Consumer Alert: T-Mobile confirms it was hacked. Here’s what can do today to protect your identity and your sanity.

ROCHESTER, N.Y. (WHEC) — Today’s consumer alert concerns the possible exposure of my Social Security number and yours as well if you’re a T-Mobile customer.

Today I updated two-factor authentication on every sensitive website I visit, including my bank, shopping websites, and PayPal. That’s because my name, address, phone, social security and driver’s license numbers could be for sale on the dark web.

That’s what we learned this weekend when journalists with Vice News were searching an underground forum and found a hacker selling the personal information of T-Mobile customers.

So what does T-Mobile have to say about all this? The company now acknowledges that it was hacked, but it’s still investigating whether customers’ personal information was stolen. But I’m not waiting for T-Mobile to finish its investigation. If there is any possibility that much personal data about me is for sale to the highest bidder, I’m taking steps now to protect myself. And so should you.

And here’s another reason why: Journalists with Vice News reported another important piece of data about us was in that mountain of stolen information, our unique IMEI numbers. That stands for International Mobile Equipment Identity. It’s a unique number tied to your phone and your phone only.

And if thieves have our unique identifiers, security experts say it may make it easier for them to do something called a SIM swap, a crime that’s become prevalent in recent years.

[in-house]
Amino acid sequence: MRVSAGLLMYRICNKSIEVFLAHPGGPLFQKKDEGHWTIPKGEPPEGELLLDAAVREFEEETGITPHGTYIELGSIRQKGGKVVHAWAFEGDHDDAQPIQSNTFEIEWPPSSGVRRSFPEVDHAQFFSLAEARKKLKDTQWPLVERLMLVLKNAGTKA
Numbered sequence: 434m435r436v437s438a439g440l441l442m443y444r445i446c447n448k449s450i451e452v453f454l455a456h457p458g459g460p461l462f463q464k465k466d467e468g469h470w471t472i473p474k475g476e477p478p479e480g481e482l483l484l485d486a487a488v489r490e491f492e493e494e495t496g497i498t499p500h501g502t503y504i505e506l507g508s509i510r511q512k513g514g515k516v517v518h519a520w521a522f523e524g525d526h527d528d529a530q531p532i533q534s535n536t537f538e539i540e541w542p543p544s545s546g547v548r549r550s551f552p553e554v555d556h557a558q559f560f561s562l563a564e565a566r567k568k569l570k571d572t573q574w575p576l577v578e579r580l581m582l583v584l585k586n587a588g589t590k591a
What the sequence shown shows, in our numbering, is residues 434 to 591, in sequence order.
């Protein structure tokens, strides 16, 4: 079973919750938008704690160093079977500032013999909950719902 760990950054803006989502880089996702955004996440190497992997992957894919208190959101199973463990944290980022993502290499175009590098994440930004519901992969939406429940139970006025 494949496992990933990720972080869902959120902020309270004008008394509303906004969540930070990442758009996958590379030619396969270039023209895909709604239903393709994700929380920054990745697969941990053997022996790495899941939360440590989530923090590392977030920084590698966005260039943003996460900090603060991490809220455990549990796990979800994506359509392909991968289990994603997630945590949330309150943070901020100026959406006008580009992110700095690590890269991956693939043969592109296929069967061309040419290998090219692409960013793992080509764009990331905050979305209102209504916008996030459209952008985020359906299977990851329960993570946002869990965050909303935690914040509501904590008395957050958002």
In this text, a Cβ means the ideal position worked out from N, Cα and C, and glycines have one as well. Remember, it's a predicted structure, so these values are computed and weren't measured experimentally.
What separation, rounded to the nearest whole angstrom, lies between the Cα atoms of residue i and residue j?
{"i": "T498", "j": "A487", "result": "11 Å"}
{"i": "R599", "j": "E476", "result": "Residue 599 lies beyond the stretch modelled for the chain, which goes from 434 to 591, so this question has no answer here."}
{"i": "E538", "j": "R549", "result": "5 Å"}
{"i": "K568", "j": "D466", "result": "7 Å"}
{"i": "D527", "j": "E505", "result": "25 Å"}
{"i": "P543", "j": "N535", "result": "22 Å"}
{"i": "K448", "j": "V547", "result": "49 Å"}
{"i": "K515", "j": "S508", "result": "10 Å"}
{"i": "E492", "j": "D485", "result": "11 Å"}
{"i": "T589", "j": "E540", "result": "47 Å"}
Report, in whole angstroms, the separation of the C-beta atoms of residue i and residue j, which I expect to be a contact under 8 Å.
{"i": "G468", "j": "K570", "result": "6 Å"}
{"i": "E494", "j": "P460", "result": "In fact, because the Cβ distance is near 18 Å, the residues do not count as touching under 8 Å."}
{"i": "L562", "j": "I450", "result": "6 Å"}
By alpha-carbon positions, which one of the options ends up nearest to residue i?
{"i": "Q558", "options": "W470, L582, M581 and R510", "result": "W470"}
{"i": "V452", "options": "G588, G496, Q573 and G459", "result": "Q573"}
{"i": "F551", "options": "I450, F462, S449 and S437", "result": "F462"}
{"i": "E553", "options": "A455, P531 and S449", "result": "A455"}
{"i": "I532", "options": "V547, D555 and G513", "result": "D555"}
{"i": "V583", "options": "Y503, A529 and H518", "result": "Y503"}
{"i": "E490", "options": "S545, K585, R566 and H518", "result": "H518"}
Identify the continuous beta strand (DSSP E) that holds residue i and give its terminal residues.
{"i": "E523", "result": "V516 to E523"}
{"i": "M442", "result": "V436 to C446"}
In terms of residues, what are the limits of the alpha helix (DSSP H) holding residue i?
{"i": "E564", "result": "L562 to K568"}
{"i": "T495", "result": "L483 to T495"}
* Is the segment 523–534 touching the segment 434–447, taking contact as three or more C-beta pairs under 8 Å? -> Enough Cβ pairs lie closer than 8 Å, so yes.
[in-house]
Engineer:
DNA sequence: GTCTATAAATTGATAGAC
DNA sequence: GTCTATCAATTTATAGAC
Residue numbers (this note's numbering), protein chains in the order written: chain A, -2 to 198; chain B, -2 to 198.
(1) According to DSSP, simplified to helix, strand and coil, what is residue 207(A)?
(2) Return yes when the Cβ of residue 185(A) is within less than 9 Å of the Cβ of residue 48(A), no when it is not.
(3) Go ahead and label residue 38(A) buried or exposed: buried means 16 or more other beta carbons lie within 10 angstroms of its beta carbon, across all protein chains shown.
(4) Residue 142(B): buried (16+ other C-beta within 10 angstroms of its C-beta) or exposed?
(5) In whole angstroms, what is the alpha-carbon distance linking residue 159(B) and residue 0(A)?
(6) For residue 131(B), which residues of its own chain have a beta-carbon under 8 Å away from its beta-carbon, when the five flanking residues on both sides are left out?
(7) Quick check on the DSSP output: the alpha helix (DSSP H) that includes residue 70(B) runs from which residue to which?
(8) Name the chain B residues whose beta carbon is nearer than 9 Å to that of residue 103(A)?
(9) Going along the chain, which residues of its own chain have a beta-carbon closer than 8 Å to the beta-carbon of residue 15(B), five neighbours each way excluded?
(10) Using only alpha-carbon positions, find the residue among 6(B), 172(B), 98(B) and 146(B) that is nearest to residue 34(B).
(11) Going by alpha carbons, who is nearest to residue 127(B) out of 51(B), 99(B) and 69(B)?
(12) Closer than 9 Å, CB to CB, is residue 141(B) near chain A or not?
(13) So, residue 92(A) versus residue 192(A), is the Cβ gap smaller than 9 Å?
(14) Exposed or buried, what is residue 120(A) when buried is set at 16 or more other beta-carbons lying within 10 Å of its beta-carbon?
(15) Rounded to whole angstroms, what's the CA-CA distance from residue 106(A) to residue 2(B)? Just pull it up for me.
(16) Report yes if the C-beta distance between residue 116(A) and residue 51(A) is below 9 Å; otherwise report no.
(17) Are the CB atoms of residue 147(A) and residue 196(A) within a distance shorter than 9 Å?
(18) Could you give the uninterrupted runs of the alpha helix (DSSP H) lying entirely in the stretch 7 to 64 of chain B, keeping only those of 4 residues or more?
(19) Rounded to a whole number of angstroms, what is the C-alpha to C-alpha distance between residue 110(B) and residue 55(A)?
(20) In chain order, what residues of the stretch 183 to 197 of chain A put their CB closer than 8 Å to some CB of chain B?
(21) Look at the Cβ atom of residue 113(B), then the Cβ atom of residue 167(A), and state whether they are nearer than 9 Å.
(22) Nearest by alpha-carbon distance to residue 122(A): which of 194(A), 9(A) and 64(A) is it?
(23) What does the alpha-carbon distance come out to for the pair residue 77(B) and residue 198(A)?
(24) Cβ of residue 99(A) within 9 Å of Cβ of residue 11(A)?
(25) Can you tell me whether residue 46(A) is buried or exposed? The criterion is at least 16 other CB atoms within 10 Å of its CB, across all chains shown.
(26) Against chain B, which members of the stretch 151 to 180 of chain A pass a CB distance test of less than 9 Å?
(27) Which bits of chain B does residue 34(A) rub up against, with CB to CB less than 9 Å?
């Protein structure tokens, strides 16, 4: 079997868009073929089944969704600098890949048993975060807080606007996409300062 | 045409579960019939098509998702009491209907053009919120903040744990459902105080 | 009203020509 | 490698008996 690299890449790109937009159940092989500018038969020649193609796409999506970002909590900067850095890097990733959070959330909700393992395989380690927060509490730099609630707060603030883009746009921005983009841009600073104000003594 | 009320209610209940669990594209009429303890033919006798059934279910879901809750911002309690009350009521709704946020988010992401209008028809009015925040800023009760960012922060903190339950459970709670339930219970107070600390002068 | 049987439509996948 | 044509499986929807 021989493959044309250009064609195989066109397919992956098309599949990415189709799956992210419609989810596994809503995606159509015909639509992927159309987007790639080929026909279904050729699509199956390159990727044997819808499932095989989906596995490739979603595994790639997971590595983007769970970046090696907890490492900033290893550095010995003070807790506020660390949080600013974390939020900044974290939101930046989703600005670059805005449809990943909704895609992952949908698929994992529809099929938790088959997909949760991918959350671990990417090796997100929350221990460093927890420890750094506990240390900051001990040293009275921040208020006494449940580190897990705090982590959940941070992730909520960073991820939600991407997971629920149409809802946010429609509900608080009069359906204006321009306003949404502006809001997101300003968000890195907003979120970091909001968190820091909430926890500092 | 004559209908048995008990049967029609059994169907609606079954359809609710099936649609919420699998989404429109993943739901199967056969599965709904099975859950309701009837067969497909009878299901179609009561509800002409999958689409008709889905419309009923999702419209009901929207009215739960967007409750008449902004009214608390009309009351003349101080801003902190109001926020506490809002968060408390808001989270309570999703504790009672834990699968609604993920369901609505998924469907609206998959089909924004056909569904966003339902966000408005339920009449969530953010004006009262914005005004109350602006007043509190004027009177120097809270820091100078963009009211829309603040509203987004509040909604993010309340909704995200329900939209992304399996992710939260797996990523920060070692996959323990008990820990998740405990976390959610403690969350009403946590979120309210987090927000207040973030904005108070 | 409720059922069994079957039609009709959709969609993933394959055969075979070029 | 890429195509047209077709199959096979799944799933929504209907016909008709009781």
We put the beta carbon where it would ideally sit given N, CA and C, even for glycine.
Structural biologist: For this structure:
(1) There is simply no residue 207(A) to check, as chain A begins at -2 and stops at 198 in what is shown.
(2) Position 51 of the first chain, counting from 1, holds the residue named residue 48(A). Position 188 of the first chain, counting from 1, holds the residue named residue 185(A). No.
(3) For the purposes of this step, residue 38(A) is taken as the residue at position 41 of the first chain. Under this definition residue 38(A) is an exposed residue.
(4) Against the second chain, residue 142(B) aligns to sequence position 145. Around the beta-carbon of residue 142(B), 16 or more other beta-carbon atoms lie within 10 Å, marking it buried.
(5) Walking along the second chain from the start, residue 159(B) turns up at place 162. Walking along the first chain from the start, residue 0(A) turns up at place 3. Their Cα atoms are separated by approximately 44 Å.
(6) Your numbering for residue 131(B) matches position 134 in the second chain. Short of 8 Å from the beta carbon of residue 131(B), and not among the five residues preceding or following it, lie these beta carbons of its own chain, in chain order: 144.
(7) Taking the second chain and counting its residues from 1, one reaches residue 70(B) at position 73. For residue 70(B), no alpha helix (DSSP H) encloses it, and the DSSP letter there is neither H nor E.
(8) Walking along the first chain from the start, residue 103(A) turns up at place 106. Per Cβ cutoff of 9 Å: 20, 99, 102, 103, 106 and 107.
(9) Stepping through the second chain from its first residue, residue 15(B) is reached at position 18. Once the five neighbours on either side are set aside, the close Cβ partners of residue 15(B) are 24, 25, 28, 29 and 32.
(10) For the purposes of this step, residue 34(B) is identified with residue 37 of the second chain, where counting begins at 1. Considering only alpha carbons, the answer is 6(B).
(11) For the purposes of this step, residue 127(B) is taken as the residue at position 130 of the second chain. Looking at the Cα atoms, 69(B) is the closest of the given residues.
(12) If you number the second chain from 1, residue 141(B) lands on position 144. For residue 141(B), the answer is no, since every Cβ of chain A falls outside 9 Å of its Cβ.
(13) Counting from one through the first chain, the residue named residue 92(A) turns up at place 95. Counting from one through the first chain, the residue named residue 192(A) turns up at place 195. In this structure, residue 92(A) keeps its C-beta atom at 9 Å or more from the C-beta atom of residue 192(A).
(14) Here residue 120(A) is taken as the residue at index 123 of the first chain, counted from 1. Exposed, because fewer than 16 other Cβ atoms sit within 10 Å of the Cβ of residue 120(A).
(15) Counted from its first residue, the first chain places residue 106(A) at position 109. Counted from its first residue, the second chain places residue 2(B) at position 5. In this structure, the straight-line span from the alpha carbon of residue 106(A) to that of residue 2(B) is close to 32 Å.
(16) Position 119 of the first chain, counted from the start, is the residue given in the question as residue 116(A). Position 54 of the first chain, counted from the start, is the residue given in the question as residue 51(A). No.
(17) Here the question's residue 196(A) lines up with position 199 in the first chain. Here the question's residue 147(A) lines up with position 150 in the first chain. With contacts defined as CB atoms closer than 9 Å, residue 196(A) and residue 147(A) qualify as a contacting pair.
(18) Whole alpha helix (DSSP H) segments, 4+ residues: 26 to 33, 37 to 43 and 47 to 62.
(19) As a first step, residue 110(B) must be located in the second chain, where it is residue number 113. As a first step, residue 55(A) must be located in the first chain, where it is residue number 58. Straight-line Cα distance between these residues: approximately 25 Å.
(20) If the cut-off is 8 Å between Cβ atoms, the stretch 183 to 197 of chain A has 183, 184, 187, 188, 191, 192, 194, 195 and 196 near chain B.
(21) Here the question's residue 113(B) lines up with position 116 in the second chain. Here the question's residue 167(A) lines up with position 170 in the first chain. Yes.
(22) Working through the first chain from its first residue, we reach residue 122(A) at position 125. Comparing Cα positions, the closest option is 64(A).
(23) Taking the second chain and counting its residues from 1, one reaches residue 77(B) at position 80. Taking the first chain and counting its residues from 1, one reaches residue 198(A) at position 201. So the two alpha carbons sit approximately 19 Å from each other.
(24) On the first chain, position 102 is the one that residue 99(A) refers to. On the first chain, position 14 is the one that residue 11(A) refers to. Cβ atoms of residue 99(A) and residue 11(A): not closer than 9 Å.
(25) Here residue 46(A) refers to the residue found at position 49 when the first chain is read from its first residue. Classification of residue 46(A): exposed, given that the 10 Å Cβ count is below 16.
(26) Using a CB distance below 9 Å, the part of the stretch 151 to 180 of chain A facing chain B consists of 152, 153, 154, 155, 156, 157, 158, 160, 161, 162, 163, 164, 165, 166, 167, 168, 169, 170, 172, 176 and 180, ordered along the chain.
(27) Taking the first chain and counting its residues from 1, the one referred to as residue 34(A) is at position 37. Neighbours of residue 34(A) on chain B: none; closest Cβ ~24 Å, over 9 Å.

Your SIM card is that small plastic chip that tells your phone which number to use and which cellular network to connect to. In a SIM swap, thieves essentially steal your phone number by transferring your number from your SIM card to theirs.

You know when it happens because your phone suddenly stops working. Think about the number of accounts tied to your phone number like your bank, your email and your social media accounts. And any two-factor authentication codes that are usually sent to you via text message are now going to the thief.

That’s why I was changing the two-factor authentication security feature on all my accounts. Now those codes go to my authentication app instead.

Here’s how it works. To access my accounts, I have to provide not only my password but also a code sent to me through an authentication app.

So if my phone number is hijacked, I can still access my accounts using this security feature.

According to PC Magazine, here are some of the best apps:

All four of these apps encrypt and back up your account information so if you lose your phone, you can still access your accounts.

And lastly, change your password and PIN with T-Mobile.

I know it’s a lot. But there’s a reason Wired Magazine is saying quote "The T-Mobile data breach is one you can’t ignore."

And if what is being reported is true, we can’t afford to wait for word from T-Mobile. We need to protect ourselves now.